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Clavicle Fracture in Runners: Causes and Precautions

Clavicle fractures, also known as collarbone fractures, are a common injury among runners. The clavicle is a long bone that connects the shoulder blade to the sternum, and it plays a crucial role in the movement and stability of the shoulder joint. Fractures of the clavicle can occur due to various reasons, including trauma, overuse, and underlying medical conditions. In this article, we will explore the causes of clavicle fractures in runners and discuss the precautions that can be taken to prevent such injuries.

Understanding Clavicle Fractures

A clavicle fracture occurs when the bone is broken or cracked. It is a relatively common injury, accounting for about 5% of all fractures in adults. In runners, clavicle fractures often result from falls or direct blows to the shoulder area. The impact of a fall or collision can cause the clavicle to break, leading to pain, swelling, and limited mobility in the affected shoulder.

There are three main types of clavicle fractures:

  • Midshaft fractures: These fractures occur in the middle portion of the clavicle and are the most common type. They often result from a fall onto the shoulder or an outstretched arm.
  • Lateral fractures: Lateral fractures involve the outer end of the clavicle, near the shoulder joint. They are less common and usually caused by a direct blow to the shoulder.
  • Medial fractures: Medial fractures occur near the sternum, where the clavicle connects to the ribcage. They are rare and often associated with high-energy trauma, such as motor vehicle accidents.

Clavicle fractures can vary in severity, ranging from hairline cracks to complete breaks. The treatment for a clavicle fracture depends on the type and extent of the injury. In some cases, conservative measures such as immobilization and physical therapy may be sufficient for healing, while more severe fractures may require surgical intervention.

Causes of Clavicle Fractures in Runners

While clavicle fractures can occur in various situations, runners are particularly susceptible to these injuries due to the nature of their sport. The following are some common causes of clavicle fractures in runners:

1. Falls

One of the primary causes of clavicle fractures in runners is falls. Whether it’s tripping over an obstacle, losing balance on uneven terrain, or slipping on a wet surface, falls can result in significant impact on the shoulder area. When a runner lands on an outstretched arm or shoulder, the force can be transmitted to the clavicle, causing it to fracture.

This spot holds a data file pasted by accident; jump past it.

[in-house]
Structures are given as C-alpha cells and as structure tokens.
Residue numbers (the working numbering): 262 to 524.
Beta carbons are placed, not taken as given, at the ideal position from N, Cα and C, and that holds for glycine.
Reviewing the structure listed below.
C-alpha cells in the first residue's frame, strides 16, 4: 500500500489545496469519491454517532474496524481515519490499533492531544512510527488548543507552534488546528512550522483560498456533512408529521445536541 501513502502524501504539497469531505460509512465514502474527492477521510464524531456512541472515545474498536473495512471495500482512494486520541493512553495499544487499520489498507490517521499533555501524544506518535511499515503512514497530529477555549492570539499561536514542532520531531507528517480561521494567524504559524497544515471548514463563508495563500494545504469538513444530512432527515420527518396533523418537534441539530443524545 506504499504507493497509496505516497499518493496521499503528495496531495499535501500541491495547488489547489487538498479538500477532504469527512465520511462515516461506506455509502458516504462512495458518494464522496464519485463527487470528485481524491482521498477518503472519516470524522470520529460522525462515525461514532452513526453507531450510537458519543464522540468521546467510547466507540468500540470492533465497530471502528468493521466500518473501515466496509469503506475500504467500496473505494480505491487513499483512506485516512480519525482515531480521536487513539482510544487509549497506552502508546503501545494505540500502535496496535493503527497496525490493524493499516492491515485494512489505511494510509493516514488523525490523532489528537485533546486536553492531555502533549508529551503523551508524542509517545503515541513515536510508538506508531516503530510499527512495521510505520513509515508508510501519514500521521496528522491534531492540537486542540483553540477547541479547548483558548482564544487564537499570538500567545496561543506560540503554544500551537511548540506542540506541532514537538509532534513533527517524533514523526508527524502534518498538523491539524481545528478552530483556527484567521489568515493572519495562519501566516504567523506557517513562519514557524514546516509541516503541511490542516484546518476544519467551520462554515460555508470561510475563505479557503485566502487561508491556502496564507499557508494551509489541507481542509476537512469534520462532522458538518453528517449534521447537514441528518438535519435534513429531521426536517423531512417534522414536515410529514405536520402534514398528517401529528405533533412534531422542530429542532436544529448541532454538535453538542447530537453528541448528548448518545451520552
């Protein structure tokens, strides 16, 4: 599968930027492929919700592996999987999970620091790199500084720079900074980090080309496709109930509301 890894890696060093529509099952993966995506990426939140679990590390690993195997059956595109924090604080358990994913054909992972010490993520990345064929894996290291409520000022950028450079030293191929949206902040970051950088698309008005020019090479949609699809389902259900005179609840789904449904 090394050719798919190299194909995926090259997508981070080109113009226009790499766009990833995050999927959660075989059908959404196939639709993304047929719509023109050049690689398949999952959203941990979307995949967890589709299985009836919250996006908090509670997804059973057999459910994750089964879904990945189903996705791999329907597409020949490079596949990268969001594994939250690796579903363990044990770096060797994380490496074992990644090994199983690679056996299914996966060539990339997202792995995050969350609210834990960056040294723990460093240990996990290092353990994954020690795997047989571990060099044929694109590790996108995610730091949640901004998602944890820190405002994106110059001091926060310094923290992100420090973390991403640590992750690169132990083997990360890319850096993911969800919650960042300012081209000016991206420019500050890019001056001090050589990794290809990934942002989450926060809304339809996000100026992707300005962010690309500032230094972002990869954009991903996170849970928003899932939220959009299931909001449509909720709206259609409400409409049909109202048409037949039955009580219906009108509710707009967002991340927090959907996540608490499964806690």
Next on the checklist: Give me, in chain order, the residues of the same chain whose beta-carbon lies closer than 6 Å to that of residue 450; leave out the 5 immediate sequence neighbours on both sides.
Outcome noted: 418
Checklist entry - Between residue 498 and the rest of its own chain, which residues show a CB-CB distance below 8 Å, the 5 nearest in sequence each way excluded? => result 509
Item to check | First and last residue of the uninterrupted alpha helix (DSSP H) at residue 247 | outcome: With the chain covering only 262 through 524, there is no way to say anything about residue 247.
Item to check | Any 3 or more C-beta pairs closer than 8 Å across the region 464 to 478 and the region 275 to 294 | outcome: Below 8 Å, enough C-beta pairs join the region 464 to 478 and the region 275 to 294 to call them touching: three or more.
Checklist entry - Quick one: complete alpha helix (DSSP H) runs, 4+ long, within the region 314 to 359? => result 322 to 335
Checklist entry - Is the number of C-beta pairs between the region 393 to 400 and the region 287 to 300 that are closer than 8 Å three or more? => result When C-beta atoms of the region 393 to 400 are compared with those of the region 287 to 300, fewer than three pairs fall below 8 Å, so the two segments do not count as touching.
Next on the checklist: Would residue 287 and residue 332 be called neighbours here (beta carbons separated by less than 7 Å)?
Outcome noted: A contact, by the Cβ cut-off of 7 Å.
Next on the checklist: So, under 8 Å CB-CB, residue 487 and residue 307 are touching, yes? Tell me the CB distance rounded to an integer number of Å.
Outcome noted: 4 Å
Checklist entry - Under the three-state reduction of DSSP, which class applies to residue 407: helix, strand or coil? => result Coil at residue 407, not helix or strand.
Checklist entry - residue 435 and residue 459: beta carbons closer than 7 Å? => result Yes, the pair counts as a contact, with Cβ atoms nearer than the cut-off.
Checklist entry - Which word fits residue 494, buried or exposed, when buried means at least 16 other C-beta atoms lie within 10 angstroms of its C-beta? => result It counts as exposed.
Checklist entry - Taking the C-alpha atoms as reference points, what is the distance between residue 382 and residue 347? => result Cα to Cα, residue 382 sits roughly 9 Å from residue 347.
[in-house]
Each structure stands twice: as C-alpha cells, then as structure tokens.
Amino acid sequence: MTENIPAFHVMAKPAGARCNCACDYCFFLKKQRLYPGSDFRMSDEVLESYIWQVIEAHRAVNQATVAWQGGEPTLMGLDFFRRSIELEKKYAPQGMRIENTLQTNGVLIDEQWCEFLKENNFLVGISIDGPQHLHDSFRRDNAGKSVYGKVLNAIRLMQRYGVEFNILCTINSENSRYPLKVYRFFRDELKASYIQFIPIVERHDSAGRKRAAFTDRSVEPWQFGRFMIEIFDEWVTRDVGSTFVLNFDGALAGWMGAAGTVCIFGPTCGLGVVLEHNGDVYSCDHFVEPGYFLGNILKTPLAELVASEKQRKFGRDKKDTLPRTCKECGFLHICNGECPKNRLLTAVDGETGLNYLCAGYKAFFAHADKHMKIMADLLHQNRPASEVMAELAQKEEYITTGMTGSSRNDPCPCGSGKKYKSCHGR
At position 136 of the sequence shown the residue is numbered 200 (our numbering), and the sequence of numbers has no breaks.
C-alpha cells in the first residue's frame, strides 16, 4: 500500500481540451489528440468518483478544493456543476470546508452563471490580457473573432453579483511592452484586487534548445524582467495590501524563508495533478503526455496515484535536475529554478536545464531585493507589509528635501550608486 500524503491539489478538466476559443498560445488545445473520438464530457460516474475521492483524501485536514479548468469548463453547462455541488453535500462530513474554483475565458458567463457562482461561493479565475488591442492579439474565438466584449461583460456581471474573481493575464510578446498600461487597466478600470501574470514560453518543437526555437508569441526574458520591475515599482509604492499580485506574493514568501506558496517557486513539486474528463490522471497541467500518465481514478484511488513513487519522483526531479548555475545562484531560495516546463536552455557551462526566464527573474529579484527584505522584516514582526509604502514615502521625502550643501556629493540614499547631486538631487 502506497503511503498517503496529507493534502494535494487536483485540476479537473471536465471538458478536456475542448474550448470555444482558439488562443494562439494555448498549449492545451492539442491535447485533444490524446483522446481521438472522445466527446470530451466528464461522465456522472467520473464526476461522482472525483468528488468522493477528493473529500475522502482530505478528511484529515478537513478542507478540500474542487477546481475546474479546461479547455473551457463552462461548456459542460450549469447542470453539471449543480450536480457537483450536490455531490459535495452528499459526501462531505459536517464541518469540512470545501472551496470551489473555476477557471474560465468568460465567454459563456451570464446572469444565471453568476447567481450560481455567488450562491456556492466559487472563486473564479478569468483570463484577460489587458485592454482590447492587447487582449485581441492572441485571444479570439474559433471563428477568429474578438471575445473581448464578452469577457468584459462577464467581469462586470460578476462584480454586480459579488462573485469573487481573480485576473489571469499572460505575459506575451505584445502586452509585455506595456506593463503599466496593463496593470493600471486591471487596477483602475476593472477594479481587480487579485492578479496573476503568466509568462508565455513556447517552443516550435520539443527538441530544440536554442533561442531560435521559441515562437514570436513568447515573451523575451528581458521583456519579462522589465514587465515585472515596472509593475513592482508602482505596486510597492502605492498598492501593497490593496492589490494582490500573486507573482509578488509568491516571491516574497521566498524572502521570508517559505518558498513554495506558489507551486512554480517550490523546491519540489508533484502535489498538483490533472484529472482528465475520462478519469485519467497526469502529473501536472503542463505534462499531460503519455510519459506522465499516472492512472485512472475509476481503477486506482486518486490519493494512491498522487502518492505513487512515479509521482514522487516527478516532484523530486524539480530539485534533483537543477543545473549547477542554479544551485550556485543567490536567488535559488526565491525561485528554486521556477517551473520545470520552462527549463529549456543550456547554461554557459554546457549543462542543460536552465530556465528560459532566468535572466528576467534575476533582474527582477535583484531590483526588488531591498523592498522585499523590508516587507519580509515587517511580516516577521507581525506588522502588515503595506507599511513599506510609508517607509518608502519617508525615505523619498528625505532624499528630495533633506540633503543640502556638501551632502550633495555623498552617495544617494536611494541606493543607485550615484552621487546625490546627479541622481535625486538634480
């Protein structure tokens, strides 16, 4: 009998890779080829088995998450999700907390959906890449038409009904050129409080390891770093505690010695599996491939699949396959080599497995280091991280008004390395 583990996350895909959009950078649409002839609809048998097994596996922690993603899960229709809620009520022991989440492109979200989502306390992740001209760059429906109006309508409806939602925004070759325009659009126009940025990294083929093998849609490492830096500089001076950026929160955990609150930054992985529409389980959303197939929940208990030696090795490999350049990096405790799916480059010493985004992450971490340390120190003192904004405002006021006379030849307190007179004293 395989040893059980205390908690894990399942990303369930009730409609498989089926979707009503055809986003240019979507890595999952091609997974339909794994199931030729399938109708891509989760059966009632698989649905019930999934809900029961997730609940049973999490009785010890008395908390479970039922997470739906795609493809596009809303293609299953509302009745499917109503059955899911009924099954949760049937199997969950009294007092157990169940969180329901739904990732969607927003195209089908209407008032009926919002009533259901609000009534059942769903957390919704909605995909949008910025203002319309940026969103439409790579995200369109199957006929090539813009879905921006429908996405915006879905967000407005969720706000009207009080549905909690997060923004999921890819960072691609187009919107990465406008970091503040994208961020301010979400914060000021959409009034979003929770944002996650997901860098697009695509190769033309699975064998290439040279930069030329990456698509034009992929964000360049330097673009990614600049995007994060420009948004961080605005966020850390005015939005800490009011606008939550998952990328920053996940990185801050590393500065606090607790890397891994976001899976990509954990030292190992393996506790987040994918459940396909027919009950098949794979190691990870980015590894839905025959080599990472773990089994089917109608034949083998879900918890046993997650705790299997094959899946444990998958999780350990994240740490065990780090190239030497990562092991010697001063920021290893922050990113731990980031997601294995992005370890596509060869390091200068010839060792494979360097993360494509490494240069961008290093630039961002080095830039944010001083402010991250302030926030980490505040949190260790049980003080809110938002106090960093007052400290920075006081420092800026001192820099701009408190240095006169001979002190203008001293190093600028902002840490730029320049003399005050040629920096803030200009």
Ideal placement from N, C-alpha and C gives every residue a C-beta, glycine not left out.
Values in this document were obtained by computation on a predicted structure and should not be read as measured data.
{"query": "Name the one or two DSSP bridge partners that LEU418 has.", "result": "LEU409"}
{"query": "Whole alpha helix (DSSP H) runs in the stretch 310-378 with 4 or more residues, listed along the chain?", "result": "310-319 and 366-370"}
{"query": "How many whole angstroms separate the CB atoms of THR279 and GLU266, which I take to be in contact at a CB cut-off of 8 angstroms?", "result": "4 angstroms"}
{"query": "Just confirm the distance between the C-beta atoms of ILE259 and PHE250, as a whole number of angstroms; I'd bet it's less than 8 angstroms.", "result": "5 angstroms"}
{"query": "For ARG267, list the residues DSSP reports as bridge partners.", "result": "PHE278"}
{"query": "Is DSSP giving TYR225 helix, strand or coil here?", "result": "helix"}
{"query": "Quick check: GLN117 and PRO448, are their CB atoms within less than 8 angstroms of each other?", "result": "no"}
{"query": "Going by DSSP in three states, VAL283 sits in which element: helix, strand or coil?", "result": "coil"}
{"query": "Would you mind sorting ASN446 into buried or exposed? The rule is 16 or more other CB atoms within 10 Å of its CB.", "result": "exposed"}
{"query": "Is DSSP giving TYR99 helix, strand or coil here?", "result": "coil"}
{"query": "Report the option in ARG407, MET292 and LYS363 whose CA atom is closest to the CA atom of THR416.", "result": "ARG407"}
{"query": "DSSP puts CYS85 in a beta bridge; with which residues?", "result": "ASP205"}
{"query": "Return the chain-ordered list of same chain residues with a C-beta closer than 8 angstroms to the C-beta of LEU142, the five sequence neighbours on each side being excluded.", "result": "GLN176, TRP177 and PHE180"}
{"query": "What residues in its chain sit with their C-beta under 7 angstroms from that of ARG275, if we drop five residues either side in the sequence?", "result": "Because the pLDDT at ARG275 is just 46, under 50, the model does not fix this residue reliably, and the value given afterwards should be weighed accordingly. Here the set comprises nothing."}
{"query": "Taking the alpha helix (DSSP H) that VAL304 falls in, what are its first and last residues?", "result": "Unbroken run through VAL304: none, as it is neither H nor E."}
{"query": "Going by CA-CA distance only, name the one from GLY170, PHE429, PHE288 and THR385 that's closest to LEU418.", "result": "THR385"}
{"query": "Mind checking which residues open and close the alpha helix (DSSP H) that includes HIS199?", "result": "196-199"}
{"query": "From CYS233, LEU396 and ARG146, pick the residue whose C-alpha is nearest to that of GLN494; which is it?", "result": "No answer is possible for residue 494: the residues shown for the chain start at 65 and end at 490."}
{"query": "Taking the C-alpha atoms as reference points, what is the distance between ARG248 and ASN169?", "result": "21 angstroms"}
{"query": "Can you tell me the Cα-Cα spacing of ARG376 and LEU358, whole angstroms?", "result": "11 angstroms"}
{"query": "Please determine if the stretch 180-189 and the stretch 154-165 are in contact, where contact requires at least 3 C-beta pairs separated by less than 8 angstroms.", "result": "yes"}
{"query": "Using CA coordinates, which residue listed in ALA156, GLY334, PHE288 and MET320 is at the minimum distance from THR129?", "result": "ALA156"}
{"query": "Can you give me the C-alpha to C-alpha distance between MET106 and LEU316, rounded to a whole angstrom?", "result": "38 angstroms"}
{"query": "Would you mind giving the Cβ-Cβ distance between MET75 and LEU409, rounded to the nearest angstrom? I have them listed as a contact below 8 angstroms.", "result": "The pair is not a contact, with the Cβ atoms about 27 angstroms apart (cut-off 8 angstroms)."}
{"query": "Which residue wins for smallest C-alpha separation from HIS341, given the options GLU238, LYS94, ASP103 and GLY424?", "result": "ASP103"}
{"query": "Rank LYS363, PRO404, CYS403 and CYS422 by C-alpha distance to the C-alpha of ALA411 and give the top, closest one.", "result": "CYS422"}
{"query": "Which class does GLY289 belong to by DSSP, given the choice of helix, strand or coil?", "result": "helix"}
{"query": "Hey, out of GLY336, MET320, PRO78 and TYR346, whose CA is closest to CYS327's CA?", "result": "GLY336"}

For example, imagine a trail runner navigating a rocky path. If the runner trips and falls forward, the instinctive reaction is to extend the arms to break the fall. This can lead to a direct impact on the shoulder, potentially resulting in a clavicle fracture.

2. Collisions

Collisions with objects or other runners can also cause clavicle fractures in runners. In crowded races or group training sessions, there is an increased risk of accidental contact. A collision with another runner’s shoulder or elbow can generate enough force to break the clavicle.

Similarly, runners who participate in obstacle course races or trail running may encounter obstacles such as walls, ropes, or monkey bars. If a runner fails to clear an obstacle or loses grip, they may collide with the obstacle, leading to a clavicle fracture.

3. Overuse and Stress Fractures

Overuse injuries are common among runners, and the clavicle is not exempt from this risk. Continuous repetitive stress on the clavicle, such as the repetitive motion of the arms during running, can lead to stress fractures over time.

Stress fractures are small cracks in the bone that develop due to repetitive loading and inadequate rest. While stress fractures in the clavicle are relatively rare, they can occur in runners who engage in high-intensity training without proper recovery periods.

4. Underlying Medical Conditions